My job is to work with families, primarily divorced families, and help them overcome conflict. That conflict usually comes from the same place — fear. Every co-parent I’ve worked with, myself included, has felt fear over at least one of these things.
1. Fear of your children loving their other parent more, or worse, wanting to live with the other parent. Let’s be honest here. In the age of custody hearings and long divorce proceedings, we all know that friend of a friend who got sole custody and placement just because their child asked for it. Just hearing these stories creates this sense of fear over what might happen one day if you’re not the “better” parent.
What I wish co-parents knew was that as much as you read about judges giving primary placement to the “better” parent, more and more judges are actually awarding joint custody because they realize that having both parents in children’s lives is what’s best for them. I also wish that co-parents knew that their child will love both parents in different ways, neither one is more than the other. You may provide emotional support whereas your ex provides academic support. Both are needed and both are appreciated, one isn’t better than the other.
2. Fear that your ex will hurt your child physically or emotionally. Many times this fear comes from a lack of control over what’s happening when you’re not with your child. We all have that fear whenever they aren’t with us, right? What if something happens? What if I can’t get there quick enough? What if I can’t prevent it? Now combine that natural parenting fear with the bitterness and resentment that many high-conflict divorced couples feel and suddenly everything your ex is doing is painful to your child. What’s worse, there’s not much you can do about it because, unless you can prove that it’s creating real, lasting pain in your child, judges won’t do anything.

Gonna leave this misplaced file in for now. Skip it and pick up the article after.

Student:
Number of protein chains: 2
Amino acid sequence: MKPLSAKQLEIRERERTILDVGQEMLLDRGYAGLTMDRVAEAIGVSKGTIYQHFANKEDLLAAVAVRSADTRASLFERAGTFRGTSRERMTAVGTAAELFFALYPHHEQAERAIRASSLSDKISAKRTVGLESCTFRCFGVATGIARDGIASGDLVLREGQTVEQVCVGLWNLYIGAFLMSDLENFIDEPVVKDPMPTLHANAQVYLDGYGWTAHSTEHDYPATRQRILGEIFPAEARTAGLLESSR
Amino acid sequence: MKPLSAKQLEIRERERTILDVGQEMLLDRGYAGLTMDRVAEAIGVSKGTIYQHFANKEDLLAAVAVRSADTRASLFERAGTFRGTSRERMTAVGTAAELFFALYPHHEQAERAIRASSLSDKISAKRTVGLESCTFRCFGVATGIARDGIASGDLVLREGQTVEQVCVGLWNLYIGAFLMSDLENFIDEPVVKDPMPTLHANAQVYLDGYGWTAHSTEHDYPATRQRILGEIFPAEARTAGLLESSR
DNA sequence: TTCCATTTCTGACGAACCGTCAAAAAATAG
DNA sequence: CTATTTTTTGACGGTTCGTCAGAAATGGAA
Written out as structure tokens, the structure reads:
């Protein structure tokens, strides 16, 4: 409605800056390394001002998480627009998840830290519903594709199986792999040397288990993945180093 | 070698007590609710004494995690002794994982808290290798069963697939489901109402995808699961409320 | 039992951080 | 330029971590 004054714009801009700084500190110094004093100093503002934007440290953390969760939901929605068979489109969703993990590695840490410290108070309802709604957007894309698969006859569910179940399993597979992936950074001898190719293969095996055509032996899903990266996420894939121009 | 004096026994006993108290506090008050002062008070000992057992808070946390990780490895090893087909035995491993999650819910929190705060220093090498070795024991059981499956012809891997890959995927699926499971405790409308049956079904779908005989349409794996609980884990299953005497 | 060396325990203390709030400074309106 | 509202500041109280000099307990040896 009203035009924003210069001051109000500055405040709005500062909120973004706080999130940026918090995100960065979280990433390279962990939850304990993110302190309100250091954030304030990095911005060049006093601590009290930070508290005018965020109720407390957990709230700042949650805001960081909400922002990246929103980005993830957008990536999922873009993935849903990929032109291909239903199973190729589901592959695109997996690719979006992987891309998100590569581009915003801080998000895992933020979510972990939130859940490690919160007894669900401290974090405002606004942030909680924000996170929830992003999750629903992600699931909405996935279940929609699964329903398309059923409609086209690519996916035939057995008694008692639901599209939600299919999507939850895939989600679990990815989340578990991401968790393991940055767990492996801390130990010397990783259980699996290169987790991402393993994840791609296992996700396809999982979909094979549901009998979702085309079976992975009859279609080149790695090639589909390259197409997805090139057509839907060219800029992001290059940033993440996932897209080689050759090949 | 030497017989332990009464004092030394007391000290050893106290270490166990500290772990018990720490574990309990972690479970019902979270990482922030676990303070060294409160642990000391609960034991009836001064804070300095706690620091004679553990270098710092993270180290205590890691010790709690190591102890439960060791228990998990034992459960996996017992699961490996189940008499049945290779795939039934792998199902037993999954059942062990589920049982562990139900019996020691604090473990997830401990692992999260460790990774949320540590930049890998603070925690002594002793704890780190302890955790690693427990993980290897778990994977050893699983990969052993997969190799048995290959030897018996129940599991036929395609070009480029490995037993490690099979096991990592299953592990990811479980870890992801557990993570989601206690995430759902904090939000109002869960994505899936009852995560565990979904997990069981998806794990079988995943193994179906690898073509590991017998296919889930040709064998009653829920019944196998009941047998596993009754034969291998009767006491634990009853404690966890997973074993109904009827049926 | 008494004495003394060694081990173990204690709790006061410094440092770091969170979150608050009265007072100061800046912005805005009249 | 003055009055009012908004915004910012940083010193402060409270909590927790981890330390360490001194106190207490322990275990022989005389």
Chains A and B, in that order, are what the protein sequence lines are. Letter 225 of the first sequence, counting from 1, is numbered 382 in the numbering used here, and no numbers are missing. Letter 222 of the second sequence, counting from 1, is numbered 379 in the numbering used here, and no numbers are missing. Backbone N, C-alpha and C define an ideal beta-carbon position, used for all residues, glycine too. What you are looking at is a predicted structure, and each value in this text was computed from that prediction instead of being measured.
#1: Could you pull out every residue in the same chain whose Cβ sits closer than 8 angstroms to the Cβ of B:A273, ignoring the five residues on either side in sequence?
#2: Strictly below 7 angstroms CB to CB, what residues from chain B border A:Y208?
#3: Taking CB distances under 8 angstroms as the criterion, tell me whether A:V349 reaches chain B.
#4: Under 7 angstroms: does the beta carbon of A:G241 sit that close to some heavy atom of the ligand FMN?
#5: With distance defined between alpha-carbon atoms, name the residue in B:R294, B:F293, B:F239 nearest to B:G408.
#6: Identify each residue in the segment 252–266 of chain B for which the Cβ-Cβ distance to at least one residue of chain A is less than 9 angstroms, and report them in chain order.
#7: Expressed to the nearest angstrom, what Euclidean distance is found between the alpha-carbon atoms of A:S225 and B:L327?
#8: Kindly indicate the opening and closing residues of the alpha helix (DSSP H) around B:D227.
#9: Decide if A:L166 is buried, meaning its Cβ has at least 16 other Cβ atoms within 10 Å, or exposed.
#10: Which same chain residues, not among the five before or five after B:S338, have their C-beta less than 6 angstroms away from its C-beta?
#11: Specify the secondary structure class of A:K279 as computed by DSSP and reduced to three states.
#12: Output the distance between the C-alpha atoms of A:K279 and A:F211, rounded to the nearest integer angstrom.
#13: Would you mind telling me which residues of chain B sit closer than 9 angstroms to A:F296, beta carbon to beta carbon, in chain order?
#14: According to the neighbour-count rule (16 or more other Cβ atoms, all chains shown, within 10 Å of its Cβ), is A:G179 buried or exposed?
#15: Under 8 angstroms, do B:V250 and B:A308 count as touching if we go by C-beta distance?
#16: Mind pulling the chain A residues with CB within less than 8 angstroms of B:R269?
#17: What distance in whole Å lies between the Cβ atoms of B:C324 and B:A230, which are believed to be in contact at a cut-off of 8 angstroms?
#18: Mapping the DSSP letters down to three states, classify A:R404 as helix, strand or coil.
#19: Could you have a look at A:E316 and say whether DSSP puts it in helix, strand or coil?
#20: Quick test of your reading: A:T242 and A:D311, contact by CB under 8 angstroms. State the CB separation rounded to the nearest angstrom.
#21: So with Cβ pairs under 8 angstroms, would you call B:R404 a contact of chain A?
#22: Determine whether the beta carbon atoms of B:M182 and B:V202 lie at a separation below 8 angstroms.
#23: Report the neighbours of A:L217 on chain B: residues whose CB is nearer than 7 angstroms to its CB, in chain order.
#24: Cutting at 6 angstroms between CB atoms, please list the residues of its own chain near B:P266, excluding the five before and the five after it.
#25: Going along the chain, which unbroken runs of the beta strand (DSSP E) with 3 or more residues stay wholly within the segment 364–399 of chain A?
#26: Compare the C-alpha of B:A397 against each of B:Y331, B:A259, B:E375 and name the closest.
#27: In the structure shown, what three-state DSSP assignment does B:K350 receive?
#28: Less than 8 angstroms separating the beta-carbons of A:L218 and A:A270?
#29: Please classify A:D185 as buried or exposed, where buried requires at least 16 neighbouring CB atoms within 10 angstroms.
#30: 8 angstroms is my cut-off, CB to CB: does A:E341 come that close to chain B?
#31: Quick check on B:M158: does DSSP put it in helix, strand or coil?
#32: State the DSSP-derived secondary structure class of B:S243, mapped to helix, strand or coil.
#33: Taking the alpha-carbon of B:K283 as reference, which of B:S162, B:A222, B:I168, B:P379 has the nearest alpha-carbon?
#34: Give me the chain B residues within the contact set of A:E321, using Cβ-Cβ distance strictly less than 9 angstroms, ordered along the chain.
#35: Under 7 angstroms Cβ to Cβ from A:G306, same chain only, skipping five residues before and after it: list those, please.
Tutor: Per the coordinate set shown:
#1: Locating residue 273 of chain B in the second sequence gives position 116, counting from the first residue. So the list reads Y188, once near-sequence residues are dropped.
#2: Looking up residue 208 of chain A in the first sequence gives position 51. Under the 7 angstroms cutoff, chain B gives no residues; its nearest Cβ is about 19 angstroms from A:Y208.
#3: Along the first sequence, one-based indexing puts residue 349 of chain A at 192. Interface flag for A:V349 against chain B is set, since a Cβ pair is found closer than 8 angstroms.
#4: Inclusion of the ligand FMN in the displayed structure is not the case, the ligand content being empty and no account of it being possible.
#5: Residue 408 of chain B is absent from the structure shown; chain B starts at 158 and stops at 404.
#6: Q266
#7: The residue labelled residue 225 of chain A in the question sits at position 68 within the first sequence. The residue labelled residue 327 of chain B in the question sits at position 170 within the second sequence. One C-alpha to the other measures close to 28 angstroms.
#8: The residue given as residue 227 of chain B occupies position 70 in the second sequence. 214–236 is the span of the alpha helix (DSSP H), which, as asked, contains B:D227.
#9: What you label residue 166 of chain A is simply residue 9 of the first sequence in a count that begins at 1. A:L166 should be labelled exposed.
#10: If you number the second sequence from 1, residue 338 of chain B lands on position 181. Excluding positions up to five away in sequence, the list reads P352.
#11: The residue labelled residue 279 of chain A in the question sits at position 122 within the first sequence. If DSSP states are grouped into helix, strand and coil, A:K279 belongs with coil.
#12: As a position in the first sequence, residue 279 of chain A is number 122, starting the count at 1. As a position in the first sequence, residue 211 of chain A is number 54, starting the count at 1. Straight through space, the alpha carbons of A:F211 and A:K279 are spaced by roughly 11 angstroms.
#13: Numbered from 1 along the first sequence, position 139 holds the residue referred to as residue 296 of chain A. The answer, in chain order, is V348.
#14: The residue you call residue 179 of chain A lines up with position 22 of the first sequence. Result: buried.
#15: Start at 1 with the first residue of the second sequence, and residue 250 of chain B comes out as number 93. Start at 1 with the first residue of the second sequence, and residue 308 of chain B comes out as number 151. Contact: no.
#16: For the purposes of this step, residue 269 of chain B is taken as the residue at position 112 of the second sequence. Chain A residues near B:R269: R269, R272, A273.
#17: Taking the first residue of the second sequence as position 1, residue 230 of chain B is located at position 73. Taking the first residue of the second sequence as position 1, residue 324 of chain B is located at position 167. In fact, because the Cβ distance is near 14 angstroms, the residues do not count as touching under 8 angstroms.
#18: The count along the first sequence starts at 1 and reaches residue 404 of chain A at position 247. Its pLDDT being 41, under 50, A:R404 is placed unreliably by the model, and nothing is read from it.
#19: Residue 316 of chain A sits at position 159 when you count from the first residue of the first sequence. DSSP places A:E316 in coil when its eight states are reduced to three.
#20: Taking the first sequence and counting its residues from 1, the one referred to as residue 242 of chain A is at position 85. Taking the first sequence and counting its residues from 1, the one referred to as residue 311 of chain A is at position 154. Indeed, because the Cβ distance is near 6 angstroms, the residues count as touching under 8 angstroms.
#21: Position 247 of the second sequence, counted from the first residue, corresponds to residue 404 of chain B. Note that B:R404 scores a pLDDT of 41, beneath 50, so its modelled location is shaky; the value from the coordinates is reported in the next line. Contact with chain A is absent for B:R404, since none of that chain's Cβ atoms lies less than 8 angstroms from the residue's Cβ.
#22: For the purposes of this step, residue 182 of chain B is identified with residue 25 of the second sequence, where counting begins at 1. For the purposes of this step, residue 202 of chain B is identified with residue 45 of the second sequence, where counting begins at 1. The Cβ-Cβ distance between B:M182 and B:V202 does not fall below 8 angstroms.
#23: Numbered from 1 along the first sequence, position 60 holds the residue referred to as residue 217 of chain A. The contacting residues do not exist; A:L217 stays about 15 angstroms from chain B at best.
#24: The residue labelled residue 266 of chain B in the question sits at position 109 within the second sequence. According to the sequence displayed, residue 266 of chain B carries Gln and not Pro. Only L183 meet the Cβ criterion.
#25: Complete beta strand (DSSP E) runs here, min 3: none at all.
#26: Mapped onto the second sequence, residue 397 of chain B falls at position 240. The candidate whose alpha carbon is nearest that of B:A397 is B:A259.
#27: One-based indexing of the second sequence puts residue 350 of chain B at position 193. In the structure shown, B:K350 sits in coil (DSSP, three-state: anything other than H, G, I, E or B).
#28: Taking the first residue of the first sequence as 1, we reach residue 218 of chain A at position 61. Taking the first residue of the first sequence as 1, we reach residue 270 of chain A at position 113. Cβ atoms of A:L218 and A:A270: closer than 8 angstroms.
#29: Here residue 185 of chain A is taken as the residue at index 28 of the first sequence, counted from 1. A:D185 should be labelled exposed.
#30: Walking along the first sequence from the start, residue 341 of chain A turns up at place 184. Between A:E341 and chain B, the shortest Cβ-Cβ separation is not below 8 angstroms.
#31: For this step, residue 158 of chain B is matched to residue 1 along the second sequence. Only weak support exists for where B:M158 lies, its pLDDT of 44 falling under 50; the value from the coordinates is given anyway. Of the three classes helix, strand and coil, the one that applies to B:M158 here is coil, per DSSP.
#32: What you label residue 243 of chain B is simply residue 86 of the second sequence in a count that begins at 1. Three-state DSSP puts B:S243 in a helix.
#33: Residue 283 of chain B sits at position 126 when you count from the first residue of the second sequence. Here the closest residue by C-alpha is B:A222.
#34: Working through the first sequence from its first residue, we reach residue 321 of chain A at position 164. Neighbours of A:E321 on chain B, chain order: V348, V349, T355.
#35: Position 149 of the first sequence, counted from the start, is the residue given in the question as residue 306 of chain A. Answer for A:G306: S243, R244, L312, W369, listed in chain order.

Many divorced parents tell me that their ex is hurting their child. One parent tells me that their ex isn’t there for their child. The other parent tells me that their ex is too controlling. What I wish co-parents knew is that you may have different styles, but that it’s good for children to see a balance between them. Think of everything you learned as a child. You learned some from your Mom and some from your Dad and some from everyone else that was part of raising you. Your children are learning the same.
3. Fear that they’re missing out on their child’s life. This is the big one, isn’t it? You went from seeing your children everyday to seeing them half of the time, maybe less. You talk to your children, but that’s not the same as seeing them everyday. It’s not the same as dinnertime conversation, movie nights, or midnight snacktime catching up. You can’t get that time back, either.
What I wish co-parents knew is that being divorced allows your children the opportunity to build this time with both of their parents. I am not trying to romanticize co-parenting in saying that. I’m a co-parent, too, and hate every second away from my children, but I wish co-parents knew that, yes, you aren’t there for every dinnertime, movie night, or midnight snack, but that you are there for them and your child appreciates that. Just making sure they know that you’re there for them goes a long way.
Co-parenting is the number one way to ensure your children thrive through divorce. I wish co-parents knew that if they’re able to manage their fears and work through them, if they’re able to put those fears aside in order to work with their co-parent, that they’re on the way to giving their children everything they need to prosper after their parents divorce.
Comment below and tell me which of these ring true for you, or tell me what I’ve missed.
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